Nordine Zouareg is an international fitness personality, coach, and author who won the titles of Mr. World and Mr. Universe in 1986. The champion has since become a life coach to politicians, executives, and celebrities in the corporate and private sectors. Globally acclaimed for his coaching abilities and expertise on wellness, Nordine led the groundbreaking fitness program at the “Miraval Resort” spa in Arizona. Thousands of people have now enjoyed his holistic and unique teaching methods.

Nordine has penned the best-selling book titled “Mind Over Body” and is the creator of Executive InnerFitness®.

Interestingly, Nordine struggled in his childhood. He was a sickly youth living in a third-world country who struggled to the top via perseverance. His insightful teaching methods now help others better their minds, hearts, and bodies and ultimately reduce stress through awareness and life/work balance.

Nordine is currently working with The Mental Health Foundation to raise awareness for the greater good. His children are his passion as well as reading, traveling, cooking and—of course—exercising and helping others.

Nordine recently discussed his incredible life, goals, and more via an exclusive interview.

Bodybuilding, success, and moving to America

Meagan Meehan (MM): You were a sickly child, so how did you cope with that when you were growing up and how did your poor health affect your overall childhood?

Nordine Zouareg (NZ): We lived in Roubaix, North of France, in a terrible area. It wasn’t easy growing up sick in a racist environment, being poor, bullied and disconnected from my self-worth, self-love, and self-care.

I was living in my world, overwhelmed with fear, doubt, and anxiety. My coping mechanism was to cry after school and as soon as I got back home. It was a ritual that allowed me to get sadness, anger, and hurt off my chest; it kept me hoping for a better life. Sometimes I would even contemplate suicide. I often wondered why my parents choose France? Why not America? John Wayne, Cowboys and Indian movies from America, and Sam Cook and Marvyn Gay’s songs, were my companions and kept me dreaming.

I once, when I was about 10 or 11, got suspended from school because I drew an American flag and a muscle man on my notebook. My punishment was to write a thousand times: “I am not allowed to daydream while in class.” I needed to dream in order to survive; dreaming is what made me who I am today.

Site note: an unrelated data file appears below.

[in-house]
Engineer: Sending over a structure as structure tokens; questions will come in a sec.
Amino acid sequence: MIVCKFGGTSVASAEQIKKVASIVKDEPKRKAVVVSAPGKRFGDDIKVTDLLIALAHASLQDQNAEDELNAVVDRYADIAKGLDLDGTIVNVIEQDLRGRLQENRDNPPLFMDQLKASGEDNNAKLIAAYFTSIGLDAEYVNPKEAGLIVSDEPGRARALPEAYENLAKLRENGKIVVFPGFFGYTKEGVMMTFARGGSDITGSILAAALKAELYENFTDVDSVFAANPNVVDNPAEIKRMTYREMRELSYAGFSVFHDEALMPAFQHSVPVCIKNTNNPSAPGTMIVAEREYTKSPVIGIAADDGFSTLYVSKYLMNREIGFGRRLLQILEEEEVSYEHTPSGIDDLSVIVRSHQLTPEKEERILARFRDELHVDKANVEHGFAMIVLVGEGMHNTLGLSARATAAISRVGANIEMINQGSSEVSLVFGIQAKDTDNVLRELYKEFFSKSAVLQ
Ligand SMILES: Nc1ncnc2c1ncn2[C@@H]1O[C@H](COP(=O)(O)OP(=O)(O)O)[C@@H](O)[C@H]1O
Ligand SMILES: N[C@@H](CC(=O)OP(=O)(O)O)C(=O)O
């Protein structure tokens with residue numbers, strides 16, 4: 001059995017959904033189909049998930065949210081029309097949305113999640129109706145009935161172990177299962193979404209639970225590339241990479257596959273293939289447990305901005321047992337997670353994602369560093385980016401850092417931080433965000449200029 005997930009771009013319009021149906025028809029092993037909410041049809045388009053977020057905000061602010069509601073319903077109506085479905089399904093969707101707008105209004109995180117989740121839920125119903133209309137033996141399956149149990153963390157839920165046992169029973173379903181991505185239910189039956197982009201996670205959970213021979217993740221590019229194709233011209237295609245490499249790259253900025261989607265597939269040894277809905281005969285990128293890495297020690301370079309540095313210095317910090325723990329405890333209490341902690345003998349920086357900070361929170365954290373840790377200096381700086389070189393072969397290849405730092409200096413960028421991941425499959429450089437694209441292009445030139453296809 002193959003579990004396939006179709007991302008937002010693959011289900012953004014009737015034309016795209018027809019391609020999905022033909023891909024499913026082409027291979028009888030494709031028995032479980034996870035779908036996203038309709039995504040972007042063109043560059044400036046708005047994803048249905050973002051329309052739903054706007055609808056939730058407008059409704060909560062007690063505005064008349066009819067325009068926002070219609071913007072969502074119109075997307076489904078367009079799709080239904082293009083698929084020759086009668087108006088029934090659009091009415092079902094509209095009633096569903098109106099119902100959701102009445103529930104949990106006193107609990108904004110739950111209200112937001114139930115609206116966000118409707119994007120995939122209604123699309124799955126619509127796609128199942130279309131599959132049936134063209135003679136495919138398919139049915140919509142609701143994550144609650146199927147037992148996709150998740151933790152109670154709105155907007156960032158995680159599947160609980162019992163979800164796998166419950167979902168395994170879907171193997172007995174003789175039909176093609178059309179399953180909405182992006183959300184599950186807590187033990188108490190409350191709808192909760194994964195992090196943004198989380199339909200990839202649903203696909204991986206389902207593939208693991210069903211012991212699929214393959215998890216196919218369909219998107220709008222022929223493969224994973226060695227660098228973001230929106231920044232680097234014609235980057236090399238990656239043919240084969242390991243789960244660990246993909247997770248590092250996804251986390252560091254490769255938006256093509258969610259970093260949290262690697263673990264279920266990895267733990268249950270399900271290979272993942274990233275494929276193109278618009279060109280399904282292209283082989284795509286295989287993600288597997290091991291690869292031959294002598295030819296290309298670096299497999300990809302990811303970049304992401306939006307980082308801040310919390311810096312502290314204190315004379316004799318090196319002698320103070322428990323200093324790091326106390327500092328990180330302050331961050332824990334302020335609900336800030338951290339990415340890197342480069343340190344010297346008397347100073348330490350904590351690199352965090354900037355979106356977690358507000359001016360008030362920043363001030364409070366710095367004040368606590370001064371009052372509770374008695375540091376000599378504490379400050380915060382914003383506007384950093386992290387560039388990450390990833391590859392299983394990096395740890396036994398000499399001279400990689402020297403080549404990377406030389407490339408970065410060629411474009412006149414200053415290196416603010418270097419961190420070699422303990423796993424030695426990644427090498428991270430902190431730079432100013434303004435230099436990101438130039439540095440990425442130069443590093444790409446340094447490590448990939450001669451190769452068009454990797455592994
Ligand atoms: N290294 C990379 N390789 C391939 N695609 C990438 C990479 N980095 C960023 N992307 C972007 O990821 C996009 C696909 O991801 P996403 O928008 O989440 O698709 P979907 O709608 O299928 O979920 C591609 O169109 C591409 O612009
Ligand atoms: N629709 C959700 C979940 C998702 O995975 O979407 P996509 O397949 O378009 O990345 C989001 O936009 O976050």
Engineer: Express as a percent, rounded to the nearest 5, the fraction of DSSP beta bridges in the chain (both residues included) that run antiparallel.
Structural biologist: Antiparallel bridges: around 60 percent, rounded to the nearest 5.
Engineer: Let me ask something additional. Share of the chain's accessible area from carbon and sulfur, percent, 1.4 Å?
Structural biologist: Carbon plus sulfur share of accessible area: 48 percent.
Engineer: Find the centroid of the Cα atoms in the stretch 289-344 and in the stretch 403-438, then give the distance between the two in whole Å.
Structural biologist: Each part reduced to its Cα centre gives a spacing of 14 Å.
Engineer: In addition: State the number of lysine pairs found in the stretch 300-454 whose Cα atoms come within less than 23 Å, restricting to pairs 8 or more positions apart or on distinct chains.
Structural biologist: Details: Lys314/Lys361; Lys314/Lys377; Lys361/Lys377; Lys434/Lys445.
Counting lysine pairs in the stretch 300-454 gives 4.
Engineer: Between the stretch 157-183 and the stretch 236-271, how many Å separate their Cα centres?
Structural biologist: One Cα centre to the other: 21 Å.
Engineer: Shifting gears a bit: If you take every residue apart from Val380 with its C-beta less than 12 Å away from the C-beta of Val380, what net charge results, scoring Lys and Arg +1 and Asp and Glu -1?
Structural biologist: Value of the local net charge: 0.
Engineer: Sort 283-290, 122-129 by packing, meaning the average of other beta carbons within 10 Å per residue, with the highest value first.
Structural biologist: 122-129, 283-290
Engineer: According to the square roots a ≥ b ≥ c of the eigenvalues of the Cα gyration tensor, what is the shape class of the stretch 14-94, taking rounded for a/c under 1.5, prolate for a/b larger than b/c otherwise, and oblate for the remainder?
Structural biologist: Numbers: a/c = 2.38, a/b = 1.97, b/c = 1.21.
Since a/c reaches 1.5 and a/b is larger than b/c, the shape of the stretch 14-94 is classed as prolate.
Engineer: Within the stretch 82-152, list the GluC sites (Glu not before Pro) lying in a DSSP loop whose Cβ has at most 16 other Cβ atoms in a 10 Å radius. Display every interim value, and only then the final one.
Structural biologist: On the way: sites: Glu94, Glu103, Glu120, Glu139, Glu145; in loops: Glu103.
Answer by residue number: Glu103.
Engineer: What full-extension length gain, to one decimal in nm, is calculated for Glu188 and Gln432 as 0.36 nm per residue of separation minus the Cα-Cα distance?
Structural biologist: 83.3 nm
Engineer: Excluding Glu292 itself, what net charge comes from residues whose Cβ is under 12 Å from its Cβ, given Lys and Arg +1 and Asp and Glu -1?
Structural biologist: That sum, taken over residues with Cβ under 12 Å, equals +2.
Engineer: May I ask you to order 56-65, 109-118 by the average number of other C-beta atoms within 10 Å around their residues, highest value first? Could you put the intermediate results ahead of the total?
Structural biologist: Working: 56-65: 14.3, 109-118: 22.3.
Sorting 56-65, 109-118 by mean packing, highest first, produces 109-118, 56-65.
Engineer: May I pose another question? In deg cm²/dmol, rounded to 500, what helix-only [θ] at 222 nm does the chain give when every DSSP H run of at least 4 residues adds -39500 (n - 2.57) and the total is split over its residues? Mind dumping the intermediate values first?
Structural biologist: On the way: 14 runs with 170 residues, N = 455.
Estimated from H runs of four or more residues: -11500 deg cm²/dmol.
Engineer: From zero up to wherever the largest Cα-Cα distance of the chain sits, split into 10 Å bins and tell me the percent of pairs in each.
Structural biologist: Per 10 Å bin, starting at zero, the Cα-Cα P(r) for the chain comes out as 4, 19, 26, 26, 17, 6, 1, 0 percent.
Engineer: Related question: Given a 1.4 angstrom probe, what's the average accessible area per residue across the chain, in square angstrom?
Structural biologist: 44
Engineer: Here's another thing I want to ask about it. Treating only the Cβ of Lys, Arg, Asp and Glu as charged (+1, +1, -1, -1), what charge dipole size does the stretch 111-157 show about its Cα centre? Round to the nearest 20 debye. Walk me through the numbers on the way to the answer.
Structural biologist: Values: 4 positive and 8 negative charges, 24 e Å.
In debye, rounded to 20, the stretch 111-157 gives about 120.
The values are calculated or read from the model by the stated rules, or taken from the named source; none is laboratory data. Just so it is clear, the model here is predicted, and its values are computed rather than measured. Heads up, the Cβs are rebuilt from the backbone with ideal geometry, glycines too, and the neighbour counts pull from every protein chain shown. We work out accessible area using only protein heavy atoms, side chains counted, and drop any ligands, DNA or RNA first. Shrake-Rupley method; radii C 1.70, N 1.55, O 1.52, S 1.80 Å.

MM: What prompted your interest in bodybuilding and how did that lead to you entering into—and winning—contests?

NZ: I stumbled upon bodybuilding because of making the wrong choice of picking gymnastics where I broke both my wrists as a result, and while performing the pommel horse during my first and only gymnastics event.

My intention was to be like Albert Azaryan, an Armenian Olympic Champion. I decided to engage in a journey to transform my body so I joined a gymnastics club. My gymnastics coach decided, after six months, that it was time to tell me the truth; that I sucked. That led to total disappointment and projected me right back to low self-esteem, I felt sorry for myself. But that also didn’t last! My desire and intention were still there. I wanted to get big and ripped so I can feel powerful and protect myself. I followed my gymnastics coach advice and joined a bodybuilding gym. Within three short years, I won the European, the World Championships and the Mr.

Universe 1986. I became a professional bodybuilder and had a twelve-year career traveling around the world. What kept me going was that no matter the odds, I would beat them. I refused to give up, but I learned to surrender to my self-worth, which fueled my spirit. I fought and won battles but have not yet won the war.

MM: Why did you make a move to America and how did it differ from your life in Algeria and then France?

NZ: Since I was five I always wanted to come to America. I first came to Albuquerque, New Mexico, in 1994 to help my former coach Serge Nubret who was Mr. Universe and a European movie star.

After only a few months I ventured on my own because of finding out I was eligible for immigration status of Alien of Extraordinary Ability, a status only granted to people with extraordinary ability in the sciences, arts, education, business, or athletics or through some other extraordinary career accomplishments.

The American dream is not always what we perceive it to be, even for a former Mr. Universe. Hard work was, and it still is, sort of a prerequisite to making it here and I wasn’t immune to it. I started my business working from 5 AM to 9 PM, six days a week as a personal trainer. I moved to Tucson, AZ in 1998 where I was asked by world-renowned Miraval resort & spa to create and lead the wellness and fitness department.